To My Brothers/Sisters Saying “I Told You So” After the Giglio Debacle

When I wrote about the Louie Giglio Inaugural prayer debacle, I finished with this statement:

“To my fellow brothers and sisters who have either told me that I am naive about the culture war, that have warned me of the “slippery slope,” and who want to say, “I told you so!” I am working on a post for you …”

As promised here’s the follow up.

I am committed to not fighting the culture war with the tactics of righteous outrage, guilt, intimidation that is clocked in a pseudo-morality and doomsday prophecies. Further, I live on the slippery slope, you do too. This is why you cannot not find more than two people who agree with each other. And you can always say “I told you so!” but I put about as much stock in that line as I do when I hear “Everybody’s saying …”

Ever since I can remember, people have either lived in fear or promoted the fear of the “coming Christian persecution in America.” Every time a Christian, church is attacked or a cultural moment or a new law goes into affect that runs against a Christian conviction, there’s panic, a good bit of outrage and much of the response centers on what we as a Church and a society have lost.

Many are utterly convinced the government hates the Church and there is a conspiracy to systematically dismantle people of faith in this country – the Christian ones specifically. Well, maybe some in government do hate the Church, that would not be hard to believe. As we know there are many people who either hate or are dissatisfied with the Church in some way. There is also a population whom identify themselves as part of the Church but are also very frustrated, disenfranchised with it. They may love God but for reasons stemming from hurt, doubt, or disappointment, animosity exists toward the Church. And even further, some Christians dislike the Church as well.

Clearly, many are angry at the Church and it would be naive for anyone to assume this does not include those in our government but I push back on the notion that the government unilaterally despises the Church and is waging a war against it. I find it interesting that in the first few centuries of church history the Church went from being hated and persecuted by the Romans to being endorsed by it. We can argue about what happened after the Edict of Milan but that happens because Christianity was inspiring society, serving others, and preaching a message of hope and redemption.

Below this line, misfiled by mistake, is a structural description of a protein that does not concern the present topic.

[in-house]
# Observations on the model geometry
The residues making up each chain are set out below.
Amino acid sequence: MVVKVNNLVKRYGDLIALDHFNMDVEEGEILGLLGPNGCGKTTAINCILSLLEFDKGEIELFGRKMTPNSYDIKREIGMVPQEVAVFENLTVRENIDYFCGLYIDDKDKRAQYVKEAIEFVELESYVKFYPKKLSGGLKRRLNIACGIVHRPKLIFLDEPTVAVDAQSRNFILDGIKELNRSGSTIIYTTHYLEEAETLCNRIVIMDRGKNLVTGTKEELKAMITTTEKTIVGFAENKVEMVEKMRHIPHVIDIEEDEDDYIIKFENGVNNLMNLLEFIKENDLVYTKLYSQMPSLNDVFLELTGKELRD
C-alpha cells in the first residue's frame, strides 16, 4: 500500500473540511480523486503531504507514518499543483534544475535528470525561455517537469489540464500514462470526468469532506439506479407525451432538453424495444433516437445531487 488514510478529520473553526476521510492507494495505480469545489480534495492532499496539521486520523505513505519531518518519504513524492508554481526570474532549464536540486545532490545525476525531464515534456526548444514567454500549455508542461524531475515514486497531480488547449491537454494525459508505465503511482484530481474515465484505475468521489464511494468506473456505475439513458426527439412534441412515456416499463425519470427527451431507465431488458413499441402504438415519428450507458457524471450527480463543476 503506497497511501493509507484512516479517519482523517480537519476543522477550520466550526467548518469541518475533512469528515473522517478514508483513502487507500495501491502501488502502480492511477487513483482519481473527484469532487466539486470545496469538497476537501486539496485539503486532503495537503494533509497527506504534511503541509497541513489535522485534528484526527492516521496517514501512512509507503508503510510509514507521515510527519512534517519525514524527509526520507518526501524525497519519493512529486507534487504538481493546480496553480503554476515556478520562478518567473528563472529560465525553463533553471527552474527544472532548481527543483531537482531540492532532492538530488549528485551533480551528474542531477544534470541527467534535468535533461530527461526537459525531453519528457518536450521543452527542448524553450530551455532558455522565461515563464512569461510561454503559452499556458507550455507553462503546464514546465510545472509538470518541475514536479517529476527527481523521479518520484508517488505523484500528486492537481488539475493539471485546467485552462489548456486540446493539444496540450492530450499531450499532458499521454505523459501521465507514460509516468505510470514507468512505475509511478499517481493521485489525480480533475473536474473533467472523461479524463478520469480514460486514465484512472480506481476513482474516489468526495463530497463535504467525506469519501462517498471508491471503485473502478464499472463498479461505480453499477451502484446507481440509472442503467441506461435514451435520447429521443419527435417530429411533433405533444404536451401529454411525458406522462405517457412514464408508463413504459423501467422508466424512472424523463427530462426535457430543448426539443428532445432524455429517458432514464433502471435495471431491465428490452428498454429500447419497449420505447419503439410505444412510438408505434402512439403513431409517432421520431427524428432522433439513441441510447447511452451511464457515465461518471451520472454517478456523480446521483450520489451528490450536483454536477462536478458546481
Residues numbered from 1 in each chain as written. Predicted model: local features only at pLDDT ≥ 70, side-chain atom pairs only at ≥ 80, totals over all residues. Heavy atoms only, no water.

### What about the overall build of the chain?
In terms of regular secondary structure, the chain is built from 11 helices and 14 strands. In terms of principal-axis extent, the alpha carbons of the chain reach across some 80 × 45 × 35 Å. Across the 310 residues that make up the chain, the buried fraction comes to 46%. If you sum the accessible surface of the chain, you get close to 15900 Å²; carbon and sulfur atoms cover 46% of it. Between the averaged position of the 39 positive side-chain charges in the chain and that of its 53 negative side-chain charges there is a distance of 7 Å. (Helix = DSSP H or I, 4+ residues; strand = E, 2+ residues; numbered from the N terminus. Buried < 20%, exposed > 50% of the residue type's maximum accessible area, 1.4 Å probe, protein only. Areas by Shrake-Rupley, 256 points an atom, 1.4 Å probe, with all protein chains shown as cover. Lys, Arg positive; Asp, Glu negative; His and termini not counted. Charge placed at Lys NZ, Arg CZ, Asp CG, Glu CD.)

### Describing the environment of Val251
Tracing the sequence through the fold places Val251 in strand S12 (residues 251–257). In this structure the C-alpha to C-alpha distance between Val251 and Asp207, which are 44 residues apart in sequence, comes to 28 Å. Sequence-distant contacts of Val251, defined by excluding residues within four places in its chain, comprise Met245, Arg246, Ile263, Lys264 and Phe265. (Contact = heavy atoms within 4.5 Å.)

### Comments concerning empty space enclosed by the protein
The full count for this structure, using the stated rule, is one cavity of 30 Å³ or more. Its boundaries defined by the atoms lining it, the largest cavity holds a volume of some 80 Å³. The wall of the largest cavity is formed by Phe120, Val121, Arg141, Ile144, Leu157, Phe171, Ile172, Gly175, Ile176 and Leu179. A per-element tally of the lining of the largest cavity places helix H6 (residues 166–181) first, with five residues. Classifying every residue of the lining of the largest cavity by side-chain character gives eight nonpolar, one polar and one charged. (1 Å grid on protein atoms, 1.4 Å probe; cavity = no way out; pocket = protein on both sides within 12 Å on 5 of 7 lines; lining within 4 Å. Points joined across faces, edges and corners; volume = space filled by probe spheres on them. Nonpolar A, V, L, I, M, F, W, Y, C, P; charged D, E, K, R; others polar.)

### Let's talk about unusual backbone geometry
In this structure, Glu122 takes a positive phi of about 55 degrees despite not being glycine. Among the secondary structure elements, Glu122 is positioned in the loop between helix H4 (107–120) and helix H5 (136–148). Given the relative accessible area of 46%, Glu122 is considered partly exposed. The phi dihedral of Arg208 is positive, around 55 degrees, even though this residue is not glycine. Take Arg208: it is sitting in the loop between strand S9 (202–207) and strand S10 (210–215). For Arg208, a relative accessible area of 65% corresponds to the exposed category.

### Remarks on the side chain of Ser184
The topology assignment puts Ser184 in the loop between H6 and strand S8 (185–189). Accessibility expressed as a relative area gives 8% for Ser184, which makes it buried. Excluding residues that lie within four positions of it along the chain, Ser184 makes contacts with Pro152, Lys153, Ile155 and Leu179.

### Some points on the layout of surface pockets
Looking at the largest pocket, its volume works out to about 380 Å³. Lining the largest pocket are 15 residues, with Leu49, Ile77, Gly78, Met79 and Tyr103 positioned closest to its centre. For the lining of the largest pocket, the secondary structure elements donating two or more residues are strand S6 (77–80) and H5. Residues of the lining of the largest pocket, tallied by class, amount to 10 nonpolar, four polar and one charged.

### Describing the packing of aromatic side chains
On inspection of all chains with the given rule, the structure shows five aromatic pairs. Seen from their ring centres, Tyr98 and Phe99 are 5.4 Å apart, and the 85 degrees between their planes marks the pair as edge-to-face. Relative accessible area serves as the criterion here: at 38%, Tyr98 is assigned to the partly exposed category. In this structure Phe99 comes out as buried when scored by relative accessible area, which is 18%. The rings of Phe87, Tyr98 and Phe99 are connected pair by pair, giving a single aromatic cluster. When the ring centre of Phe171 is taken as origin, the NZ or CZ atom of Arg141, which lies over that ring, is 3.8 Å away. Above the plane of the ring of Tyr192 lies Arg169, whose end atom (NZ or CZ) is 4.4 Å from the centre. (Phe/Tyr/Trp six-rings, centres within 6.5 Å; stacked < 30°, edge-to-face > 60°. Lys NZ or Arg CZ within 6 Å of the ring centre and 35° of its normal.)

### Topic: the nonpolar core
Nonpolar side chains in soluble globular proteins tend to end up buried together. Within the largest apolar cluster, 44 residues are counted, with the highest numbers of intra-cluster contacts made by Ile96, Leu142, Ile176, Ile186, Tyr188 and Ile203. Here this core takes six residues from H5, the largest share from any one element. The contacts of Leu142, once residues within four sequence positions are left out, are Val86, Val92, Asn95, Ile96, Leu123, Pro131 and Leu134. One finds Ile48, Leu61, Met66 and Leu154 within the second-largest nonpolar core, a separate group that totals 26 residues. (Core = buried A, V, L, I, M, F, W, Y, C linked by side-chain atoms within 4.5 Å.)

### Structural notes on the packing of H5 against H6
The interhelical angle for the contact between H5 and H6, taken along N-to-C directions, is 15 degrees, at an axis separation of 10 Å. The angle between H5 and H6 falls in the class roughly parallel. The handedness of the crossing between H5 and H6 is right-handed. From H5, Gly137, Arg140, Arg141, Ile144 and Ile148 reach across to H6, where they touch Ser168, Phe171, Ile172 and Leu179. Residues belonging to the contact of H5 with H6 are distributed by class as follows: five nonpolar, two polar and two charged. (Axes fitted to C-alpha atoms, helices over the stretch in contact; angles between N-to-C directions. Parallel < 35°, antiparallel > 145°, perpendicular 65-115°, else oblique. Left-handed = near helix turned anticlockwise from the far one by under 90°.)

What I do see today are the consequences of decades’ worth of power struggles and the ongoing battle of agendas. These consequences include heated arguments on nearly every political issue, people sincerely believing they have all the right answers while sincerely believing their opponents have all the wrong ones and the terms and a divided country defined by “blue states” and “red states.”

I am concerned that because this is not new – the constant arguing, name-calling, and division has become to feel normal. I am also concerned when we speak of what we have lost. The Church has not lost its place in culture because of the sexual revolution of the 60’s or because of Roe v. Wade or because of cable television, women in the workforce, the internet, George W, or Obama or insert your theory here. The Church has lost its place in the culture because it is failing to inspire people with the hope of Jesus in word and action.

Part of me wished that Louie prayed so we wouldn’t need to have another culture war conversation. But perhaps we will find some good in this moment from how to respond when we feel we’ve been pushed out of the public square. And my two cents is that this is not because of secularization or that our influence is being diminished by the government because they despise Christians, but because we the Christian community have lost the core of message of the gospel of Jesus. The good news is that we don’t have to fix the government to reclaim the power of the Church.

Picket signs, angry talking heads, even sincere people yelling “I told you so!” will not help. No one changes their lives by a red-faced outsider screaming at them. People change their lives when they are inspired by something better, something that contains a beautiful truth that radically alters the way they see their own reality. I believe this of course to be the hopeful message of Jesus. Further, people join a community that is loving, encouraging and receiving. That’s why Church as institution is failing and why Church as a Christian community of belonging is needed. To my fellow Christian brothers and sisters, we need to leverage our power, financial resources, time and commitment to build a stronger Church – that is what will make a difference today.

Your comments, sharing, RT’s are always appreciated – thanks for reading.

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